The proton channel, CF0, in thylakoid membranes

Only a low proportion of CF1-lacking CF0 is active with a high unit conductance (169 fS)


Correspondence to S. Engelbrecht, Biophysik, Fachbereich Biologie/Chemie, Universität Osnabrück, Barbarastraβe 11, D-4500 Osnabrück, Federal Republic of Germany


We investigated the conductance of pea thylakoid membranes and their capacity for photophosphorylation as function of the extraction of chloroplast coupling factor CF1. The degree of extraction was varied via the incubation time in EDTA-containing hypo-osmolar medium and was measured by rocket electroimmunodiffusion. The conductance of thylakoid membranes was measured by flash kinetic spectrophotometry.

The time course of extraction followed the time course of thylakoid swelling. Contrary to expectation increasing loss of CF1 did not primarily increase the velocity of proton efflux from each vesicle. Instead proton-tight vesicles were converted to leaky ones, which lost phosphorylating activity. Two subpopulations occurred, although both types of vesicles, leaky and proton-tight ones, were CF1-depleted to a similar degree. This implied that only a small fraction of CF1-lacking CF0 was functional as a proton channel. Tight vesicles had no functional channels while leaky ones had at least one. We determined the proportion of tight vesicles in three independent ways: via the residual phosphorylation activity, via measurements of proton efflux and via measurements of the electric relaxation across the membrane. The results obtained were identical. A statistical evaluation of the data led us to the following conclusions. (a) EDTA treatment produced vesicles containing approximately 105 chlorophyll molecules, equivalent to a total of approximately 100 CF0CF1 per vesicle. (b) Even at the highest degree of extraction (75% of total CF1 extracted) only 2.5 out of 75 exposed CF0 per vesicle were proton-conducting. (c) The unit conductance of one open CF0 channel was 169 ± 18 fS at pH 7.5 and room temperature. At an electrical driving force of 100 mV this was equivalent to the passage of approximately 105 protons/s.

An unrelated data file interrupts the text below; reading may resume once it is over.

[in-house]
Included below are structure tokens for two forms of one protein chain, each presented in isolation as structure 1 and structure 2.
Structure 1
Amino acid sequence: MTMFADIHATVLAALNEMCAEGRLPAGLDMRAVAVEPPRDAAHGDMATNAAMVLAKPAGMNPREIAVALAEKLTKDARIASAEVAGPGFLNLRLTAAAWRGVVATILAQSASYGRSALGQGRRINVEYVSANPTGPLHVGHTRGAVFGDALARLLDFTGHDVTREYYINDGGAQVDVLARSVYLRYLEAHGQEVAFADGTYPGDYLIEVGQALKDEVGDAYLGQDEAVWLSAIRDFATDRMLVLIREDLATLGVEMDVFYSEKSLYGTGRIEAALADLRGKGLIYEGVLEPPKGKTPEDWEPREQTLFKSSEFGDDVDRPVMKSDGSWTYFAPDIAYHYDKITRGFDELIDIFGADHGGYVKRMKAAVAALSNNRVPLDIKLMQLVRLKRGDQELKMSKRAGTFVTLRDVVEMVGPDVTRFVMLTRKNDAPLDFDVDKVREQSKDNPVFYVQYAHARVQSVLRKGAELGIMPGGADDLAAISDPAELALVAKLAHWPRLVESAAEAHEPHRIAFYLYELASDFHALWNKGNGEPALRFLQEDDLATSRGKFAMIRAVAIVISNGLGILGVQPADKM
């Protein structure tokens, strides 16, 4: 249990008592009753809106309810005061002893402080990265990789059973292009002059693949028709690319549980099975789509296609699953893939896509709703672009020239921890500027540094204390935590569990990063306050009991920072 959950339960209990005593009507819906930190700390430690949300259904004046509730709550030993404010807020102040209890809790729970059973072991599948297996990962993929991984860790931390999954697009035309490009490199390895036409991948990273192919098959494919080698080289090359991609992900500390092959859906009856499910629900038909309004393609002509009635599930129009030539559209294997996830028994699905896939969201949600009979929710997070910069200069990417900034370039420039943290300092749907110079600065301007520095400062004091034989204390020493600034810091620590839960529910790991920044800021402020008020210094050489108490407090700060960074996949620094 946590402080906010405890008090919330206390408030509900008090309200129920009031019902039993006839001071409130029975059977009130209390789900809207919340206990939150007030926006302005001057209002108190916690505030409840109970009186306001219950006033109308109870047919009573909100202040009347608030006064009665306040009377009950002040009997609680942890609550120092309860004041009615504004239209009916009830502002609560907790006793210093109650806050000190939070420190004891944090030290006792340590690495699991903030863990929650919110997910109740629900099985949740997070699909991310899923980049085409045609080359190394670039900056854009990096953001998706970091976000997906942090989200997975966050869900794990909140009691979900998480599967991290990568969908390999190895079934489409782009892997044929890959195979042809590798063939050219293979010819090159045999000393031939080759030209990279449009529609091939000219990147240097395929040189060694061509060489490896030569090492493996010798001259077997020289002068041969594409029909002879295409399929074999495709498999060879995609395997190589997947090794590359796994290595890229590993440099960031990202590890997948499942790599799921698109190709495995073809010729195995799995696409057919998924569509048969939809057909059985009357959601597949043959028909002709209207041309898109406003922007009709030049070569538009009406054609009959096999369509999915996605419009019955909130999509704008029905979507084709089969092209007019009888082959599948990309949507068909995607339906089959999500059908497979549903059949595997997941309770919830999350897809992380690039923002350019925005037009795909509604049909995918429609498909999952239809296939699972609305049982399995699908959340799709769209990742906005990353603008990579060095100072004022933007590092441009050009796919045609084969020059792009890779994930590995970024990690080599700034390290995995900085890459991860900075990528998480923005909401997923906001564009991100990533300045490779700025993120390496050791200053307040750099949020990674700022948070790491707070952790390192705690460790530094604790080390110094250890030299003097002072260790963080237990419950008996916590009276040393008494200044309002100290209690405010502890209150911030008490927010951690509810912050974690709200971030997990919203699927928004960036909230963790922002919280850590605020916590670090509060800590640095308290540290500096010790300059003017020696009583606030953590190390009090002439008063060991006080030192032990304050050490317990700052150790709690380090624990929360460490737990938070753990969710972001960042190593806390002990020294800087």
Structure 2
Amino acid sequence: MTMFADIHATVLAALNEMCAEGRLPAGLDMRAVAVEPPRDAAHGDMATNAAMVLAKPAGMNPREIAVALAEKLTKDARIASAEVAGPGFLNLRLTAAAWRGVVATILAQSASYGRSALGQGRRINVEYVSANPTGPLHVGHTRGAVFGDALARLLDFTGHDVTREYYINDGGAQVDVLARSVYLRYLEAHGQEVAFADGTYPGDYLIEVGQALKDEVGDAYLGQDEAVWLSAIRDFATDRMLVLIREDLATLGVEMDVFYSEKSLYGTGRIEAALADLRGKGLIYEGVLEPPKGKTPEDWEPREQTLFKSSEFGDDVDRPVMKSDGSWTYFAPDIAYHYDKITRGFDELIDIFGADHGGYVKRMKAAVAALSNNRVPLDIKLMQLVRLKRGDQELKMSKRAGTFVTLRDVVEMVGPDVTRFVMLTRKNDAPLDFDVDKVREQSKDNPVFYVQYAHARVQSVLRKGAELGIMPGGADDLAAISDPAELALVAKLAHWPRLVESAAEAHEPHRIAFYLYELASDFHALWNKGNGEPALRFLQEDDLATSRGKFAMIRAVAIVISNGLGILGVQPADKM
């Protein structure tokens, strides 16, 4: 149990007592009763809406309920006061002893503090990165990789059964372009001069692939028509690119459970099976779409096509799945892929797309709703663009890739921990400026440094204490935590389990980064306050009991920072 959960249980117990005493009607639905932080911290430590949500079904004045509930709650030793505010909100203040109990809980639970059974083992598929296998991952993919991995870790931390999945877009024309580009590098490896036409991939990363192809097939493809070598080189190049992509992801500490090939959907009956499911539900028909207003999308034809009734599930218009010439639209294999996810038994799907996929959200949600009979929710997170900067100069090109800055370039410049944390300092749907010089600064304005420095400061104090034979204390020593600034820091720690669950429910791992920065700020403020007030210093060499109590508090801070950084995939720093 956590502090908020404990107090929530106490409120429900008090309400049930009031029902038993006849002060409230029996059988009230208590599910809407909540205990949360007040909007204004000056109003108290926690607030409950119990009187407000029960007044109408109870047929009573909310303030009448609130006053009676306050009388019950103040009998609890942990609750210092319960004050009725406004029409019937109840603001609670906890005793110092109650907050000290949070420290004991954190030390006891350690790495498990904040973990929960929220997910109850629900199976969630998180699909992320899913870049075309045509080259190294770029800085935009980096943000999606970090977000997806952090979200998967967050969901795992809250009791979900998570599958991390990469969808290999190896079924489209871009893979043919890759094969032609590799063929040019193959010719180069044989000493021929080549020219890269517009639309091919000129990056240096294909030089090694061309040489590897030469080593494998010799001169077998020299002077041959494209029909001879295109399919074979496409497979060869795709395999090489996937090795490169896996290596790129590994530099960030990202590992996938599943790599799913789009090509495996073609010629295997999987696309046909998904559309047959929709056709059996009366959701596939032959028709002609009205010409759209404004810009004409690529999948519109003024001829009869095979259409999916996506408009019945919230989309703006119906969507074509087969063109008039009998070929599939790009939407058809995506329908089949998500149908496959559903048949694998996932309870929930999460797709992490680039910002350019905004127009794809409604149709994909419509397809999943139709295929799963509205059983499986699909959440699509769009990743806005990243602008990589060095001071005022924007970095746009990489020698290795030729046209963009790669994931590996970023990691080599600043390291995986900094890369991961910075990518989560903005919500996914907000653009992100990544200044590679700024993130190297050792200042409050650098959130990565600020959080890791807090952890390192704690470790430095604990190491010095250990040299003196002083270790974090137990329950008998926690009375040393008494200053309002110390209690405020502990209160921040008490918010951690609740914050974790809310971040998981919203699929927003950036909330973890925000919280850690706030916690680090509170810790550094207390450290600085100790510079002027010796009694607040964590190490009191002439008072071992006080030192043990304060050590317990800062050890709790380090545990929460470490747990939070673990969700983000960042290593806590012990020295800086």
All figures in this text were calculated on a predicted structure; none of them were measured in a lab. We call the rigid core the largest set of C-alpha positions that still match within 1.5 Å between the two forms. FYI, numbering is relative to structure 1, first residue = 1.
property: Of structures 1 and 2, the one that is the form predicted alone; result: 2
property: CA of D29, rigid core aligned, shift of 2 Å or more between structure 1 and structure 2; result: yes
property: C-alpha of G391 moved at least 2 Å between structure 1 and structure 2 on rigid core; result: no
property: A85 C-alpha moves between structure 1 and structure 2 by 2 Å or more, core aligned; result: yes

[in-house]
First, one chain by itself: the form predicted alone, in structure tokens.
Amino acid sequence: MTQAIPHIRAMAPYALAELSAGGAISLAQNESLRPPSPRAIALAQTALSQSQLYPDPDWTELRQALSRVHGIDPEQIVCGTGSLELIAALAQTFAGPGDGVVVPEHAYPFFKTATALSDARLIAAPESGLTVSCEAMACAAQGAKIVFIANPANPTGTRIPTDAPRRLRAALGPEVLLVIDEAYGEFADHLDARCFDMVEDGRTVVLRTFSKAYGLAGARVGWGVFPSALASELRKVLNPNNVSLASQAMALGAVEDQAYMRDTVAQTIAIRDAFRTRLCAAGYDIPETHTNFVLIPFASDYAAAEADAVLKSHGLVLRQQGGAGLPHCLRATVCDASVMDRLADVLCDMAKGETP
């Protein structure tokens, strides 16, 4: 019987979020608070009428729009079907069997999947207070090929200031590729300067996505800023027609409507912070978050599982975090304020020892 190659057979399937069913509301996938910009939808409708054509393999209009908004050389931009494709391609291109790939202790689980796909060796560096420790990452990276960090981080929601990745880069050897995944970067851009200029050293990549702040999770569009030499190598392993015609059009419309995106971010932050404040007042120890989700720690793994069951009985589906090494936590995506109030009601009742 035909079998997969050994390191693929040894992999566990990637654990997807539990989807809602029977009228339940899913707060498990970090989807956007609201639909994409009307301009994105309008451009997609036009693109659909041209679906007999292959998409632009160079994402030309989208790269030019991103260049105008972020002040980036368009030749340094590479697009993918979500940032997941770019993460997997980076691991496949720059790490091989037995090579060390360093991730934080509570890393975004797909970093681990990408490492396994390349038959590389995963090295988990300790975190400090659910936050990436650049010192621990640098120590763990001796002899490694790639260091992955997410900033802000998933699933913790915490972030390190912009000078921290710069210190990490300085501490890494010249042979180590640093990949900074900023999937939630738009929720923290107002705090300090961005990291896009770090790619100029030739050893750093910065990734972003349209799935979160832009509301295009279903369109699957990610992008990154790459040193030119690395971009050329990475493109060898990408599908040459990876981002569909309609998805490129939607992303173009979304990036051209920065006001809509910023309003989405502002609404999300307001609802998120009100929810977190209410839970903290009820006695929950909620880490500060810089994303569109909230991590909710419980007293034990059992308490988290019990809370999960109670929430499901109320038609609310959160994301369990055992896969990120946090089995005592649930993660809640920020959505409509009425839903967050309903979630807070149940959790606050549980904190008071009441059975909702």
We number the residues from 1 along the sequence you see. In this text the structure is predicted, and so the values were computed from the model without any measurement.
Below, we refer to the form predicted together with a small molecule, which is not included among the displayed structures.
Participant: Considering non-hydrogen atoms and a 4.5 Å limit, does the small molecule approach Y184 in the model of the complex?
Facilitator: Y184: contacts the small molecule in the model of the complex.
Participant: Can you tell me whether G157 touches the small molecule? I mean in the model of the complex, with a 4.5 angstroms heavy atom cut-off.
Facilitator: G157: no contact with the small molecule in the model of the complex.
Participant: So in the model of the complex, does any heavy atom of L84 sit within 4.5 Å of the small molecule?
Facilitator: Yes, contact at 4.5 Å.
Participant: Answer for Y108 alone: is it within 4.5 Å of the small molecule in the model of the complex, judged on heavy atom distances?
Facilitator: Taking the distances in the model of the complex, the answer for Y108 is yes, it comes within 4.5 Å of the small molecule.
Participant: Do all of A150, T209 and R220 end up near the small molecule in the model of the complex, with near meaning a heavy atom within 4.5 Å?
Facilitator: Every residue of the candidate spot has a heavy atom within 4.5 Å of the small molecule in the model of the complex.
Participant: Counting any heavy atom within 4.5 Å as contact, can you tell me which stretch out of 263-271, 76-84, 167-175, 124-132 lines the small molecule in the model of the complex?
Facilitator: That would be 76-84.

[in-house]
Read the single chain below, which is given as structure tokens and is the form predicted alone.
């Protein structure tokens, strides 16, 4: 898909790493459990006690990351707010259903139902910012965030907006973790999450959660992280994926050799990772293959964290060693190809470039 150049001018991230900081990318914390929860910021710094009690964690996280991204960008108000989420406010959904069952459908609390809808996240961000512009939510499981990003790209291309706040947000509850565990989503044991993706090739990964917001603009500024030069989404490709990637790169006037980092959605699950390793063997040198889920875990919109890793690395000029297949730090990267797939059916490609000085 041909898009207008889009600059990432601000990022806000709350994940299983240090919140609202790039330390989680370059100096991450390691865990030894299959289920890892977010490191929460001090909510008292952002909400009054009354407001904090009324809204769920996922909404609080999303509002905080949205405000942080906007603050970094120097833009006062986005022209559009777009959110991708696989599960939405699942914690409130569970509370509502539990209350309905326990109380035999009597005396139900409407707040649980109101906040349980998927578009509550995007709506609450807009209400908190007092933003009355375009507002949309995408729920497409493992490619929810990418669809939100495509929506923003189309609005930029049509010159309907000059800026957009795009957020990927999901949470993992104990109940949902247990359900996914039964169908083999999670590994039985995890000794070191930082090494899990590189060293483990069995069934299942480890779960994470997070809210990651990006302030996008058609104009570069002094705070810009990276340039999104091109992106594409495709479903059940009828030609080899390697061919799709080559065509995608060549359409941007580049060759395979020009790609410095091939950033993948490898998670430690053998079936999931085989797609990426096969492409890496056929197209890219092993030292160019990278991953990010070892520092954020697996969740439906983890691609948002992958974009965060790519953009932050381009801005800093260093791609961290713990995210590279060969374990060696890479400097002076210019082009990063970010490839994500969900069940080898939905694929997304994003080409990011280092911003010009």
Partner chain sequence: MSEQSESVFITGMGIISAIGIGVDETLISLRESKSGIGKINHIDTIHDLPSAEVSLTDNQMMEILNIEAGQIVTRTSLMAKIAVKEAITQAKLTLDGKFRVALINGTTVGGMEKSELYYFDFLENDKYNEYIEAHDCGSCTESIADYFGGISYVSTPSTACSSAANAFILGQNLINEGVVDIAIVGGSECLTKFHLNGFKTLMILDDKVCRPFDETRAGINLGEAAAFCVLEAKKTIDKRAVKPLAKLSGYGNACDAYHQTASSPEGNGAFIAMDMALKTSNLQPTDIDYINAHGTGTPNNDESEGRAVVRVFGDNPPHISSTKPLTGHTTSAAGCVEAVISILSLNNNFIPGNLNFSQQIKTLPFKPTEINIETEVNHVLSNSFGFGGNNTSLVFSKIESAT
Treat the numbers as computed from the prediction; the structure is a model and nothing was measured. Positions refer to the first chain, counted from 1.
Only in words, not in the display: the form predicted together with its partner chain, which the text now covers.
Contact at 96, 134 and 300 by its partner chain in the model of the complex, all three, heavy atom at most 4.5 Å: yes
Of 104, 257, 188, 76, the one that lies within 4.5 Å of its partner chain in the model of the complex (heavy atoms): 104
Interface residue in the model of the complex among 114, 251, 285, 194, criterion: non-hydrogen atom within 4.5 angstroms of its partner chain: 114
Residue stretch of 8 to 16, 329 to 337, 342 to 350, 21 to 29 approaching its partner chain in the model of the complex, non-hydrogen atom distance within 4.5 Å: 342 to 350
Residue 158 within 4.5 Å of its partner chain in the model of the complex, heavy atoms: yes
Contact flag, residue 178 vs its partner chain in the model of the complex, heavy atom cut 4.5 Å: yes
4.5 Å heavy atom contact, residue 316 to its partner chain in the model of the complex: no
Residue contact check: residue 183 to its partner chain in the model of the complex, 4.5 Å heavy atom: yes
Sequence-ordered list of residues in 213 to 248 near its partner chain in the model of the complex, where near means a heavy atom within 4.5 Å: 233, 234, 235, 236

The most important consequence of this relatively high unit conductance was that a single open CF0 channel was capable of dissipating the protonmotive force of one vesicle, thereby deactivating the whole remaining catalytic capacity of this vesicle.